News Details

Marble Processing is Polluting Karachi Neighbourhoods

News Date: 01.10.2018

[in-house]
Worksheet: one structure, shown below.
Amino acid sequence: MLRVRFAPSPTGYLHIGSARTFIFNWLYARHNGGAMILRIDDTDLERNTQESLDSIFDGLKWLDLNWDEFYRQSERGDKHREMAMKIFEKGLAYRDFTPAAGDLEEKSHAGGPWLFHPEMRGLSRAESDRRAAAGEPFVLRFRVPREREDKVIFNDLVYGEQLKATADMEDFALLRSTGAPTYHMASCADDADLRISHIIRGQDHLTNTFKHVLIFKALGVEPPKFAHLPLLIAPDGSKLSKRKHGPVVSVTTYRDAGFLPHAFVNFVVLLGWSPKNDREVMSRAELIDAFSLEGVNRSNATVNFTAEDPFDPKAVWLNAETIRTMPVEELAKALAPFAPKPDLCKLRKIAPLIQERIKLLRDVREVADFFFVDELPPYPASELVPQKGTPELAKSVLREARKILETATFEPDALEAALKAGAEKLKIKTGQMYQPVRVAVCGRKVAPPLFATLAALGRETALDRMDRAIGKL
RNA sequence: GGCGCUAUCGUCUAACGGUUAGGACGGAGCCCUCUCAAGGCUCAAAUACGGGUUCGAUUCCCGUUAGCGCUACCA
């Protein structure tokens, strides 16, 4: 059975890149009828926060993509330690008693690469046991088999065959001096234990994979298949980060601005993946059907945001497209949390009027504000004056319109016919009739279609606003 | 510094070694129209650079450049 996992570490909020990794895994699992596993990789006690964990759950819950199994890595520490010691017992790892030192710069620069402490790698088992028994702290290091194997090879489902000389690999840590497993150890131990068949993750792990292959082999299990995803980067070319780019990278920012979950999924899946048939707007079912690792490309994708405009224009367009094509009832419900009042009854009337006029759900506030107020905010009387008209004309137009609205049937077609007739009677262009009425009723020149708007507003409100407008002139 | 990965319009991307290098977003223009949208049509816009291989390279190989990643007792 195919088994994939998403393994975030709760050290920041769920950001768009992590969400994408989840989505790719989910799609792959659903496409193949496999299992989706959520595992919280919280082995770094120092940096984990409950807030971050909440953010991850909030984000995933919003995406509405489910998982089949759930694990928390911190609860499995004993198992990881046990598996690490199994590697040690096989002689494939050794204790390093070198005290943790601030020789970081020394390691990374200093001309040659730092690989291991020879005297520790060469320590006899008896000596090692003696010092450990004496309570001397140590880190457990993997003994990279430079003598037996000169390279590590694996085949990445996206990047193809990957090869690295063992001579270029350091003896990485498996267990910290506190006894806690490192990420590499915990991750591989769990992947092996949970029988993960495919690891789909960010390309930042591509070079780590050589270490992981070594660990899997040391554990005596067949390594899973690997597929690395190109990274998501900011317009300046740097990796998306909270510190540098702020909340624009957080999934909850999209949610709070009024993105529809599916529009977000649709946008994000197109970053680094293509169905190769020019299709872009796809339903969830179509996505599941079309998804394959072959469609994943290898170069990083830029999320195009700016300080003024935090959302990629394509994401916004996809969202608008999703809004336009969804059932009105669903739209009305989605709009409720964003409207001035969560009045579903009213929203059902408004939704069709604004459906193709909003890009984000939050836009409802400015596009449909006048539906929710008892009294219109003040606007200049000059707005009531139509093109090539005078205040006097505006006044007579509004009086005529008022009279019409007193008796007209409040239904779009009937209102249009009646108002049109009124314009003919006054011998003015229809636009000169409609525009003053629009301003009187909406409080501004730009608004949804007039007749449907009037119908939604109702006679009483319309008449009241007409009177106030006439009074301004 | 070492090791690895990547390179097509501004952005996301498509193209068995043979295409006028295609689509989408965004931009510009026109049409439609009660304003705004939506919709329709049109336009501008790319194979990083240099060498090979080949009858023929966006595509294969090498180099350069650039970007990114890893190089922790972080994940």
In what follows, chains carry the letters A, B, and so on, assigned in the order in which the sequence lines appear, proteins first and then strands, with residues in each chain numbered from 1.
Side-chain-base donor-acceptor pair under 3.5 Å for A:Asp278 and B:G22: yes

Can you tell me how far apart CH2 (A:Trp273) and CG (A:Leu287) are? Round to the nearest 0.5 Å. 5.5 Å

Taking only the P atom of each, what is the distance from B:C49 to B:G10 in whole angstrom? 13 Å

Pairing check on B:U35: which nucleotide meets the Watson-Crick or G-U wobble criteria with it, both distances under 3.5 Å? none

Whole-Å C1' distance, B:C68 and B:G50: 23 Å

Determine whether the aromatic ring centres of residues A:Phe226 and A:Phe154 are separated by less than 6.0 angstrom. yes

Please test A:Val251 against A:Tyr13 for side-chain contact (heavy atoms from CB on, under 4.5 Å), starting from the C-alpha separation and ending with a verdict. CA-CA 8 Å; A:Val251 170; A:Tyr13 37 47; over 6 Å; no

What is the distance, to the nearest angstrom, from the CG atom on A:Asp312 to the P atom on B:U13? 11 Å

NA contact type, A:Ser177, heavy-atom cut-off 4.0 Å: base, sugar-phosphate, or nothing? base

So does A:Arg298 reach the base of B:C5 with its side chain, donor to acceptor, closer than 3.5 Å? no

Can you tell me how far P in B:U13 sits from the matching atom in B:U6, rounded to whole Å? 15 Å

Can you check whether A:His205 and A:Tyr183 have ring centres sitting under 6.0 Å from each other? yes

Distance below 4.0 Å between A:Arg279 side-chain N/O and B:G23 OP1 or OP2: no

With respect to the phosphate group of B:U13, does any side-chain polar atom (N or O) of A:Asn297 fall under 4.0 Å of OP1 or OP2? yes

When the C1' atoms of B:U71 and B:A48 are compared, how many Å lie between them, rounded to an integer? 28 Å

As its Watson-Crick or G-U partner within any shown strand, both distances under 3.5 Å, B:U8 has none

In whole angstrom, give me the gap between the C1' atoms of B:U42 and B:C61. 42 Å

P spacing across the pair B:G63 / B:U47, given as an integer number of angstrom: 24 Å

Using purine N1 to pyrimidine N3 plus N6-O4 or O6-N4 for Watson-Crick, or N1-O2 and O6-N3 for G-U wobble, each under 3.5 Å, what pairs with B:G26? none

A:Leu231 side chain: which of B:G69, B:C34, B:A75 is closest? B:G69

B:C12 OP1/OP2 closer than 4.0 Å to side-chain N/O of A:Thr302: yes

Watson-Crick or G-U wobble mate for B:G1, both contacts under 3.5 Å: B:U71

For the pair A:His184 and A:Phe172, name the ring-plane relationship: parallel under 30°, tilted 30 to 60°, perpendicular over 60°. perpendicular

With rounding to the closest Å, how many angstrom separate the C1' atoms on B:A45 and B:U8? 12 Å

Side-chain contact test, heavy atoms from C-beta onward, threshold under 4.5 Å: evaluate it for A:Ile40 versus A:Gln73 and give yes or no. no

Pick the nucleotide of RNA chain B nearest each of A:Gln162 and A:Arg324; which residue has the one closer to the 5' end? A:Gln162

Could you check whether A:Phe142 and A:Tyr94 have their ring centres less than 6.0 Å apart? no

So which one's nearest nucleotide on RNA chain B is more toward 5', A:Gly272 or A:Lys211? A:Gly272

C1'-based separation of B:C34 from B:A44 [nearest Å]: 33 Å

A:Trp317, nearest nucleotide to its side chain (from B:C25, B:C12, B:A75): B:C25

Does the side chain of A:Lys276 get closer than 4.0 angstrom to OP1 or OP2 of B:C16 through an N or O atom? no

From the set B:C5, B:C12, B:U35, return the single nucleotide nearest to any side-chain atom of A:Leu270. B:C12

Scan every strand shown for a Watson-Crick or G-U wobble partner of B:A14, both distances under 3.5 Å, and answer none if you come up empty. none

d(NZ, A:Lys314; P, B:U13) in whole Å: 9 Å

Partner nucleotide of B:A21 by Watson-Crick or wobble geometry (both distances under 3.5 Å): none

A powdery white dust covers everything in a working class locality on Karachi’s Manghopir Road. It clings to window panes, mixes with food being prepared and sold on the street and coats fixtures and furniture inside homes and other buildings. The noise is also deafening in this part of the city. Electric saws screech, cutters and grinders whirr and sanding machines hiss as fine particles of marble stone being processed at hundreds of workshops here fly and deposit themselves everywhere. The management of several educational institutions in the neighbourhood have requested workshop owners to cease their operations during school hours. But long breaks will make these small businesses unviable. Marble – a strong but fancy stone used in construction and decorative pieces – is cut, ground, finished and polished into various objects and artefacts at hundreds of small workshops scattered in many low income neighbourhoods between Old Golimar area on the southern edge of a sewerage disposal plant, known as Gutter Bag Hicha and Pak colony neighbourhood, a few kilometres to the north on Manghopir Road. The workshops, usually situated on the ground floor of residential buildings in narrow, densely populated streets, hum incessantly and kick up a continual dust storm. If and when their owners and local residents sweep away the dust, they end up dumping it in nearby empty lots, along local roads and, worse still, in the bed of the drying Lyari river that passes nearby. The wind eventually brings most of it back to their neighbourhoods. Those who work at these workshops are even more vulnerable to diseases. They usually suffer from shortness of breath. Doctors often advise local residents to leave the area for the sake of their own health but that is not as easy as it sounds. Some local residents have tried to get the workshops closed down because they operate in clear and flagrant violation of environmental laws and urban zoning regulations. A few families that specialised in sculpture and stone carving migrated to Karachi in 1947 from the Indian state of Rajasthan. They settled down in Pak Colony and Modern Colony when these neighbourhoods first emerged in the 1950s. Some years later, they set up a handful of marble processing workshops which soon ballooned into many hundreds as people from other communities also joined the trade. Today, there are 380 workshops and showrooms on main Manghopir Raod and another 190 tucked inside various neighbourhoods. There are also around 350 large marble factories along the northwestern part of Manghopir Road that cut huge marble boulders into slabs. Their raw material is usually brought into Karachi from various parts of Balochistan. These factories use heavy sawing machines, including vertical saws, bridge saws and gang saws. Each of these saws has the capacity to process up to 25 tonnes of marble in 24 hours. Each factory employs around 25 labourers. The industrial scale saws at these factories use water sprinklers while cutting marble blocks. Each factory has a large overground tank that can contain as much as 30,000 gallons of water which is used multiple times until it assumes the form of a thick sludge that can no longer be pumped from the tank on to the saws. The problem arises when the sludge is disposed off. It is often found dumped on empty lots and next to rain water drains all along Manghopir Road. As it becomes dry, it starts disintegrating and soon assumes a powdery form that, in turn, is blown into the atmosphere by wind.

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